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By Bruce Sussman
Mon | Oct 5, 2020 | 4:00 AM PDT

The U.S. Department of the Treasury's Office of Foreign Assets Control (OFAC) recently issued an advisory on ransomware.

This was not about the cybercrime itself, but instead, the regulatory trouble your organization could face for facilitating ransomware payments.

The OFAC advisory on these cybercrime payments specifically warns financial institutions, cyber insurance firms, and companies that facilitate payments on behalf of victims that they may be violating OFAC regulations.

U.S. Treasury: ransomware continues to increase

The Treasury Department says more companies are paying ransom to cybercriminals, and the worldwide pandemic is a part of this:

"Demand for ransomware payments has increased during the
COVID-19 pandemic as cyber actors target online systems that U.S. persons rely on to continue conducting business. Companies that facilitate ransomware payments to cyber actors on behalf of victims, including financial institutions, cyber insurance firms, and companies involved in digital forensics and incident response, not only encourage future ransomware payment demands but also may risk violating OFAC regulations."

Ransomware groups may be sanctioned; paying could be trouble

The Treasury Department says it declares certain ransomware gangs and cybercrime groups as sanctioned for their actions. Others are linked to a country facing U.S. sanctions, which Treasury calls a cyber nexus.

So paying or facilitating a payment to these groups may lead your organization to violate U.S. regulations and hand money over to sanctioned groups or governments which can help fund their efforts to attack the U.S. in cyberspace or elsewhere.

Here are four examples of ransomware groups sanctioned by OFAC in the last few years:

1. "Starting in 2013, a ransomware variant known as Cryptolocker was used to infect more than 234,000 computers, approximately half of which were in the United States. OFAC designated the developer of Cryptolocker, Evgeniy Mikhailovich Bogachev, in December 2016."

2. "Starting in late 2015 and lasting approximately 34 months, SamSam ransomware was used to target mostly U.S. government institutions and companies, including the City of Atlanta, the
Colorado Department of Transportation, and a large healthcare company. In November 2018, OFAC designated two Iranians for providing material support to a malicious cyber activity and
identified two digital currency addresses used to funnel SamSam ransomware proceeds."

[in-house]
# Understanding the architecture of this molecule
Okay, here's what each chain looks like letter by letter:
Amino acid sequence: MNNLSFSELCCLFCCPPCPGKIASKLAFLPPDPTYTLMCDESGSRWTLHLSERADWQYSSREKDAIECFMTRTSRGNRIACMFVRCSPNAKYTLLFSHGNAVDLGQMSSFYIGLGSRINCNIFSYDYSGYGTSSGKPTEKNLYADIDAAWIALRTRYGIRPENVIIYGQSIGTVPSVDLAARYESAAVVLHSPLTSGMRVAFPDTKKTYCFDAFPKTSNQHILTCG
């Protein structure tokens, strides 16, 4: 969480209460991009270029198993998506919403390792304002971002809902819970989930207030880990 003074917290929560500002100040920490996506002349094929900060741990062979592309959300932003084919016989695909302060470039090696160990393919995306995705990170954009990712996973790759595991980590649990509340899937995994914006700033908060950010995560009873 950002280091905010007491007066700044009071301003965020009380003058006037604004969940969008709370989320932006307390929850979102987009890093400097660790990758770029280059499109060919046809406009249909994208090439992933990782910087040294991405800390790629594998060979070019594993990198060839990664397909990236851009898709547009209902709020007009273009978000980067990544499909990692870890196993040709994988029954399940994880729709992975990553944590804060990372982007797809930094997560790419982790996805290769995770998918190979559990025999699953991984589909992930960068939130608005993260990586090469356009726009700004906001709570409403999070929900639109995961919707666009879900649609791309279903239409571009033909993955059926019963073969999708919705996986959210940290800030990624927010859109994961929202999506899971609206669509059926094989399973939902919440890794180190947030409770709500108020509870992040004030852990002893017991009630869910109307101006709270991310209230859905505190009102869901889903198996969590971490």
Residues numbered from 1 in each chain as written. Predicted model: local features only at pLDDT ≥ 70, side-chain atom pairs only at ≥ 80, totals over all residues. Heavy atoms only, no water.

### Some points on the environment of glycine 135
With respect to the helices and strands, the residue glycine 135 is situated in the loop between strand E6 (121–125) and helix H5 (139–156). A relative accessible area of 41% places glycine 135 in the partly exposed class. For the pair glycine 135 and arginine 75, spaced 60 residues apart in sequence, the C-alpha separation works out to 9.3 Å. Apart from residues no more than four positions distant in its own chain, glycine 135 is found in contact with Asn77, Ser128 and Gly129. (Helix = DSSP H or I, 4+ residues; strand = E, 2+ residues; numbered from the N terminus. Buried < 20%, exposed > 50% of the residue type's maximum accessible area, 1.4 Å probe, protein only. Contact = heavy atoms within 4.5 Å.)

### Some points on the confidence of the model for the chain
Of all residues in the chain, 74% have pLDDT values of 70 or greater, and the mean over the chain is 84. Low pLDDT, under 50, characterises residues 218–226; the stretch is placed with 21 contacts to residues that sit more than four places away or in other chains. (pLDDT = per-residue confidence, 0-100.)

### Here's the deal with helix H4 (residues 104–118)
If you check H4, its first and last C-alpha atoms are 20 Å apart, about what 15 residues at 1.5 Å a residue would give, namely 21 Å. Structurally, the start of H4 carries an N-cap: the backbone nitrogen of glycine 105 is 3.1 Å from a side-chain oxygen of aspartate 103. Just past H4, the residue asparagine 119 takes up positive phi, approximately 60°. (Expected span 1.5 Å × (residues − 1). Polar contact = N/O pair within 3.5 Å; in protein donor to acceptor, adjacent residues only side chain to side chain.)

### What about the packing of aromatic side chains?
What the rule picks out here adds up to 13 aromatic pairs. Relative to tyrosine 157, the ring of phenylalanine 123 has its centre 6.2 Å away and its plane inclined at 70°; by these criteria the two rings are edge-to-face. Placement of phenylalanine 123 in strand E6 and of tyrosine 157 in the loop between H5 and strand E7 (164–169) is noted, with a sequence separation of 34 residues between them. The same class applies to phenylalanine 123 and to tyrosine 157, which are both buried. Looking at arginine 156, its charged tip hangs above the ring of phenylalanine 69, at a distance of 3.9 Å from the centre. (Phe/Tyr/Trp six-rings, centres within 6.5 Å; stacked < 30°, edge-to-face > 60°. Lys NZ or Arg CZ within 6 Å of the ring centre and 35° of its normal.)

3. "In May 2017, a ransomware known as WannaCry 2.0 infected approximately 300,000 computers in at least 150 countries. This attack was linked to the Lazarus Group, a cybercriminal
organization sponsored by North Korea. OFAC designated the Lazarus Group and two subgroups, Bluenoroff and Andariel, in September 2019."

4. "Beginning in 2015, Evil Corp, a Russia-based cybercriminal organization, used the Dridex malware to infect computers and harvest login credentials from hundreds of banks and financial
institutions in over 40 countries, causing more than $100 million in theft. In December 2019, OFAC designated Evil Corp and its leader, Maksim Yakubets, for their development and distribution of the Dridex malware."

The International Emergency Economic Powers Act (IEEPA) and the
Trading with the Enemy Act (TWEA) generally prohibit U.S. persons or entities from engaging in transactions with sanctioned, embargoed, or blocked entities, governments, and groups.

Is paying a ransom illegal?

If this is the first you're hearing of a rule like this, you are not alone. That is why the U.S. Treasury issued the advisory.

But cyber lawyers across the U.S. are suddenly getting questioned about whether this means paying a hacker's ransom is illegal or not.

Ted Kobus of BakerHostetler put it like this: "The U.S. government disfavors payments of ransom, but there is no general ban."

In other words, generally speaking, paying a hacker's ransom is not illegal. Although beyond this, you must ask which hacker or hacking group are you paying? Are they sanctioned entities?

And cyber attorney Jordan Fischer of XPAN Law Group says answering this question can be difficult. And it is why you should contact federal law enforcement if you get hit with a ransomware attack:

"This advisory reiterates that companies need to be working with law enforcement to obtain relevant information regarding the ransomware, and to help mitigate the exposures and risks.

Often, law enforcement will have a more global picture of the ransomware incident, and can more easily determine who the probable actor is. This will help to provide guidance to organizations as they respond to the incident, and then how to appropriately address payment and other options."

And Fischer says it is a reminder of how complex cyber incidents can be:

"Yes, ransomware is a known threat. But, addressing it comes with multiple layers: how did the infiltration occur? Was data exfiltrated? What is the goal of the actor? Can you restore your systems? All of these questions require input from a variety of internal and external actors before any money is used to address the situation."

See Jordan Fischer present at SecureWorld Texas on October 22, 2020, on "The Changing Legal Enforcement in Cyber and Privacy."

Also, read the OFAC Ransomware Payment Advisory for more information.

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